Three days later, Georgetown took part in the annual Gavitt Tipoff Games, a series of eight games per year between teams of the Big East Conference and Big Ten Conference. For the second straight year, Georgetown drew Maryland as its Big Ten opponent, hosting the Terrapins at the Verizon Center – the first time the Hoyas had hosted the Terrapins since 1993.[19] The Hoyas made 37 of their 42 free throws[19] but blew a 68–59 lead with 2:21 remaining as Maryland went on a 17–7 scoring run the rest of the way to win the game, 76–75, defeating Georgetown for the second season in a row.[19] Maryland′s players stormed the court to celebrate the victory.[19] Scoring 21 points, L. J. Peak[20] led a balanced Georgetown attack which also saw Rodney Pryor score 14 points,[20] Isaac Copeland finish with a double-double (13 points and 13 rebounds),[20] and Jesse Govan add 12 points. [20]

Next up for the Hoyas was the Maui Invitational Tournament. Georgetown began the tournament by hosting a non-bracketed opening-round game against Arkansas State at McDonough Gymnasium, the Hoyas′ first game on campus since the 2014 National Invitation Tournament. The Hoyas shot only 3-for-18 (16.7 percent) from three-point range[21] and, despite Jesse Govan′s 20 points,[21] L. J. Peak′s 18,[21] and Isaac Copeland′s 11,[22] the Red Wolves led by double figures for much of the game[21] and held off a 22-7 late-game Georgetown rally to upset the Hoyas 78–72.[21] Thanks to the surprising loss, Georgetown opened its season with a 1–2 record for the second straight year.

Four days later, the Hoyas were in Hawaii at the Lahaina Civic Center in Lahaina, Maui, to open the bracketed championship round of the tournament with a quarterfinal match-up against their first ranked opponent of the year, No. 13 Oregon. The Ducks struggled against a strong Hoya defense and did not score a field goal for the first six minutes,[23] shooting 7-for-29 (24.1 percent) from the field in the first half.[23] Rodney Pryor, meanwhile, led Georgetown through Oregon′s pressure defense during the half, and his buzzer-beating three-pointer gave the Hoyas a 38–21 halftime lead.[23] In the second half, however, the Ducks′ pressure defense was far more effective, and it allowed them to force turnovers and make easy transition baskets.[23] While Georgetown missed its first 12 shots of the second half,[23] Oregon opened the half with a 22–4 scoring run that gave the Ducks a 43–42 lead.[23] The Hoyas then staged a 10–2 scoring run of their own to pull out to a 52–45 lead with three minutes to play.[23] Oregon responded with a late run and, with 3.8 seconds remaining, closed to a 63–61 deficit on a long three-pointer by junior forward Dillon Brooks,[23] but L. J. Peak hit two free throws with 2.7 seconds to play to secure a 65–61 upset Georgetown victory.[23] Pryor had a double-double with 26 points and 10 rebounds,[23] and Peak finished with 17 points.[23] The Hoyas evened their record at 2–2, but had begun to show a tendency toward inconsistent play during their first four games, sometimes playing dominating basketball and then struggling mightily during other stretches of their games.[23]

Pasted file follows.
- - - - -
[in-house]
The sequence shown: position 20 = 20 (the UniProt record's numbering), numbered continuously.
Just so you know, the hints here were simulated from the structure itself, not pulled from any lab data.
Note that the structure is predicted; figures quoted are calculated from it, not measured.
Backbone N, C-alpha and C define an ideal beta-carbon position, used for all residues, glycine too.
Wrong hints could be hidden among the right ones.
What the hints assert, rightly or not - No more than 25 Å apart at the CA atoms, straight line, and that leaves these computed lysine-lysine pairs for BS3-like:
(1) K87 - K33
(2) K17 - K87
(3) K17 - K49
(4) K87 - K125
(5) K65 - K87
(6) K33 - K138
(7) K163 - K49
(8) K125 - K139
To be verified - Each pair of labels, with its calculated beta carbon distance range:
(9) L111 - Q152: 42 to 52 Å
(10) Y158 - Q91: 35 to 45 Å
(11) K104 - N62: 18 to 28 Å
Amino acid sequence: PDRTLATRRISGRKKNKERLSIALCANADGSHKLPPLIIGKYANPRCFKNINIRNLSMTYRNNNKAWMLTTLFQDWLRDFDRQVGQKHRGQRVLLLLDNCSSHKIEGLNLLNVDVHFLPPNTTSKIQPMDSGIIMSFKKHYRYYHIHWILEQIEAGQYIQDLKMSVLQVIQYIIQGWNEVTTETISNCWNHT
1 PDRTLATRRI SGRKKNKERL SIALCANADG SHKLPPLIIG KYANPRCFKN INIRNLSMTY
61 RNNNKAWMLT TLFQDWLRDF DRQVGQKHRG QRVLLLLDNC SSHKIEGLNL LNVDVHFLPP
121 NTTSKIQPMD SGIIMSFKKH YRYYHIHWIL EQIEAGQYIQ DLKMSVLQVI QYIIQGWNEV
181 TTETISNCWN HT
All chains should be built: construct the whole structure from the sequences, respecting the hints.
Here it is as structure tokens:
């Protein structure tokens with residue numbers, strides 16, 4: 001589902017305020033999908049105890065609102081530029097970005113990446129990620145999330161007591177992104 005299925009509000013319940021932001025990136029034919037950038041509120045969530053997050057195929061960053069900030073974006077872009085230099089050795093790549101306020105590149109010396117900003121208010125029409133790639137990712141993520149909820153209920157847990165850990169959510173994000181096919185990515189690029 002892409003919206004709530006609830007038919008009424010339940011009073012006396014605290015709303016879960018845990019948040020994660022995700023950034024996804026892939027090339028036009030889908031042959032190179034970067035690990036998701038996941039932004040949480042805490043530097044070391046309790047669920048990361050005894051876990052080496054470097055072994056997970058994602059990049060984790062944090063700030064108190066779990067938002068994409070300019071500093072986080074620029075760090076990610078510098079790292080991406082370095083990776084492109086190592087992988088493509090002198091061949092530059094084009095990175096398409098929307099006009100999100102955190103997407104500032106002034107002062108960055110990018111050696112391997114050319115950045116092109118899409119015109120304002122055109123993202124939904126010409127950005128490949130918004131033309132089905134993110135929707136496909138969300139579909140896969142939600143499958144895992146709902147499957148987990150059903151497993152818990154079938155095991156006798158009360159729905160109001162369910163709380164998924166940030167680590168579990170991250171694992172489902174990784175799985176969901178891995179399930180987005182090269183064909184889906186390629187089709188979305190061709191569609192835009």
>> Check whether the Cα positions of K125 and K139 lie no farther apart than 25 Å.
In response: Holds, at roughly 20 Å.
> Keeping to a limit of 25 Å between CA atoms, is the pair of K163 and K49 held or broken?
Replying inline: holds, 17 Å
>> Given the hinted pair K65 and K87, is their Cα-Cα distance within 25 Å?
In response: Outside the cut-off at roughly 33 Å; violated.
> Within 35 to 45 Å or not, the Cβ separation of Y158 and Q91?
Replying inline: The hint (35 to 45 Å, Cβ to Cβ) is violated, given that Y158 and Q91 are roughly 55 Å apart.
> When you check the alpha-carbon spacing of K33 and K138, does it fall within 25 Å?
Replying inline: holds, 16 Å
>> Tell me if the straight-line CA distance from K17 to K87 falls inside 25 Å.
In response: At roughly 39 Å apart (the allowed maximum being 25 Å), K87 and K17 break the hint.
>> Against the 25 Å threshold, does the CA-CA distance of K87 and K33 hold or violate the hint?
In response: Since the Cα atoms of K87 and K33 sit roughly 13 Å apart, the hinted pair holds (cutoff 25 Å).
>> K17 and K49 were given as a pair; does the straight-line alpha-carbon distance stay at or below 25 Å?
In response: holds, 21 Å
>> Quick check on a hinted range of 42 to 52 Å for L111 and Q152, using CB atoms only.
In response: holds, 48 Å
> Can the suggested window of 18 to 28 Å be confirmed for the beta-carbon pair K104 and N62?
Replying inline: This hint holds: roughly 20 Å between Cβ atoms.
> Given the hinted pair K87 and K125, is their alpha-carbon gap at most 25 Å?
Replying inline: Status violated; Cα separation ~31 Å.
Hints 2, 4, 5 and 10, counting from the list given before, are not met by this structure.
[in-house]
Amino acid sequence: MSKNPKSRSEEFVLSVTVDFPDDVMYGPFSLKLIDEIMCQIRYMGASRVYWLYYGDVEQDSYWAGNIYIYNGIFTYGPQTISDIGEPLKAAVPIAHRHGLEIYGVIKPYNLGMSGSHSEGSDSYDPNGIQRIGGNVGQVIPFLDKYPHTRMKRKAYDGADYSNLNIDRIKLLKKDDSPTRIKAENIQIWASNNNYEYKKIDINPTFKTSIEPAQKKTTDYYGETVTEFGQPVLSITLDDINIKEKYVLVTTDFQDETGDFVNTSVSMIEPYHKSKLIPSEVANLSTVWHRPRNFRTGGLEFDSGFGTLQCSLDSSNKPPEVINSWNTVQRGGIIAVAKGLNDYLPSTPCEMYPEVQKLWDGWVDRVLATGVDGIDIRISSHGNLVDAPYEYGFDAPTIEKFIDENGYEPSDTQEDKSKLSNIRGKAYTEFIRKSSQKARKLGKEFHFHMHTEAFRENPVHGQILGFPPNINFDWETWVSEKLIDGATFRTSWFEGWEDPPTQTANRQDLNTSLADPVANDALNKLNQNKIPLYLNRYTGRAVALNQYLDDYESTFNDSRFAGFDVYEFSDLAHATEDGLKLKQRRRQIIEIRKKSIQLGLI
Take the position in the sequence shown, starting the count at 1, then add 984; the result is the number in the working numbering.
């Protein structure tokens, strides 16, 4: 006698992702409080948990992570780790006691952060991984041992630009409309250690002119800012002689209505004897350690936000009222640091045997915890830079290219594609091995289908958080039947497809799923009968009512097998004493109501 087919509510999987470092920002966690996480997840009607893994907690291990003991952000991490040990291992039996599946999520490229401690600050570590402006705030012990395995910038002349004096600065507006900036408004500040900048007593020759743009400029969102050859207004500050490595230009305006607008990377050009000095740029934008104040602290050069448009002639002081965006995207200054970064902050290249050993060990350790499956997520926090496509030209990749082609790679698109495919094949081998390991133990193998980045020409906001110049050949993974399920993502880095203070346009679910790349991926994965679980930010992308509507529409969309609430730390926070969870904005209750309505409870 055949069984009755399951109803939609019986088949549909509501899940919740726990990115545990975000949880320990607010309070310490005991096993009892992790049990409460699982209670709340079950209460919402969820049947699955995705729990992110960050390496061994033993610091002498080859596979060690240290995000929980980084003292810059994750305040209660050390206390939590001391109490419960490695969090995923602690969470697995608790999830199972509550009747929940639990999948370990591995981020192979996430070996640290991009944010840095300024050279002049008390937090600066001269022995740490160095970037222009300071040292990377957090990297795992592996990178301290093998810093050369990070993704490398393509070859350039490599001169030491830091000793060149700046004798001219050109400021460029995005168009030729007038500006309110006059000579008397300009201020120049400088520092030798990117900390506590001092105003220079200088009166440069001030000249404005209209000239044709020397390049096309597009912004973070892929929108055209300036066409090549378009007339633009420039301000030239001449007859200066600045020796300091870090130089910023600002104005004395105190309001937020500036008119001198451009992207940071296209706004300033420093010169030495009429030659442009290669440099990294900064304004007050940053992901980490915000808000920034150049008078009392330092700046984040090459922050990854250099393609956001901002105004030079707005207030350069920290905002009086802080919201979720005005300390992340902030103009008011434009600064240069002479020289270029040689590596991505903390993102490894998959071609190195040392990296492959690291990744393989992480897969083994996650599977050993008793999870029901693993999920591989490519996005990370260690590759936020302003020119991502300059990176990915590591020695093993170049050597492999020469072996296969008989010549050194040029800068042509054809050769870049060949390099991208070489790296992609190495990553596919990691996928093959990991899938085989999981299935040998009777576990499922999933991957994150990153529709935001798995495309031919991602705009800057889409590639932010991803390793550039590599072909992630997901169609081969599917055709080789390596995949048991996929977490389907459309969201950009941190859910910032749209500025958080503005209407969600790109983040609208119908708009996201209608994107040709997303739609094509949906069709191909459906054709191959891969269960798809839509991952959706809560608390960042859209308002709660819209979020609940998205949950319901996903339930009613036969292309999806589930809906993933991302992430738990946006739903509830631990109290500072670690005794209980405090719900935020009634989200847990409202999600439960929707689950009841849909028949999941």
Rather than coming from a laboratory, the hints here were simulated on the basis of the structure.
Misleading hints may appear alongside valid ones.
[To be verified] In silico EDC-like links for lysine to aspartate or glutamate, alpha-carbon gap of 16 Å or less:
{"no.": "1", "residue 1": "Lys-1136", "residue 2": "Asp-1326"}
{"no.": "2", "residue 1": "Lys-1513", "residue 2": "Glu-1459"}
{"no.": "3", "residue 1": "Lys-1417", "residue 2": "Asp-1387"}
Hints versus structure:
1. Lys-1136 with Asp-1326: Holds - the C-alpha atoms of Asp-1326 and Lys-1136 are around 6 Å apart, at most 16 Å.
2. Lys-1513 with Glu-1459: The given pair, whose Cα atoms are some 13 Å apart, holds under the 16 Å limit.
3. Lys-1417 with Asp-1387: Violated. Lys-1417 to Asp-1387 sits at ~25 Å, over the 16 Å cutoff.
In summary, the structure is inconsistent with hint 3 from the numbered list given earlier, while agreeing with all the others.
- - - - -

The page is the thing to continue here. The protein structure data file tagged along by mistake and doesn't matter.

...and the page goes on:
The Hoyas advanced to the semifinals the next day to meet another ranked opponent, No. 16 Wisconsin, which had defeated Tennessee in the quarterfinals the previous day. The Hoyas never really found their shooting touch, but they held their own in the first half and Wisconsin clung to a 32–29 lead at halftime.[24] During the second half, however, the Badgers opened with a scoring run that gave them a 44–34 lead,[24] and by midway through the half led 53–39[24] on their way to a 73–57 victory.[24] During the game, Wisconsin shot only 5-for-22 (22.7 percent) from three-point range,[24] but rebounding proved to be the game′s decisive factor: Wisconsin had a 19-1 advantage in offensive rebounds[24] and scored 20 second-chance points,[24] and overall the Badgers outrebounded the Hoyas 50-21[24] and outscored Georgetown 38–16 in the paint.[24] The Hoyas′ poor performance on the boards prompted John Thompson III to observe during his post-game comments, "We have to get some guys that understand that it′s not just about points and minutes, and care about all aspects of the game."[24] L. J. Peak led the Hoyas with 18 points[24] and Rodney Pryor finished with 14.[24] For the second straight season, the Hoyas opened with a 2–3 record.

The loss to Wisconsin relegated the Hoyas to the third-place game, in which they faced Oklahoma State the next day. Oklahoma State had beaten Connecticut in the quarterfinals, but then suffered a one-sided defeat at the hands of No. 4 North Carolina in the semifinals. The Cowboys began the game with a sluggish and lackluster effort that led Oklahoma State head coach Brad Underwood to call an early time out, slam down his clipboard, berate his team, and replace four starters with bench players.[25] Underwood′s admonishment and the lineup change sparked much greater energy among his players, who presented the Hoyas with a strong pressure defense the rest of the way.[25] This time, turnovers were the decisive factor: The Hoyas fell victim to sloppy ball-handling, and Oklahoma State forced 14 turnovers – 11 of them steals – in the first half alone[25] and led 50–35 at the half.[25] For the game overall, Georgetown shot 51 percent from the field, but Oklahoma State scored 41 points off 28 turnovers,[25] including 19 steals,[25] and had a 59–16 advantage in points off the bench.[25] Rodney Pryor scored 15 points[25] and Bradley Hayes 13,[25] and Akoy Agau scored in double figures for the first time as a Hoya, finishing with 11 points,[26] but the Cowboys won 97–70.[25] Georgetown finished in fourth place in the tournament and fell to 2–4 on the season. It was Georgetown′s worst start since the 1971–1972 team opened 1–5 on its way to a 3–23 final record.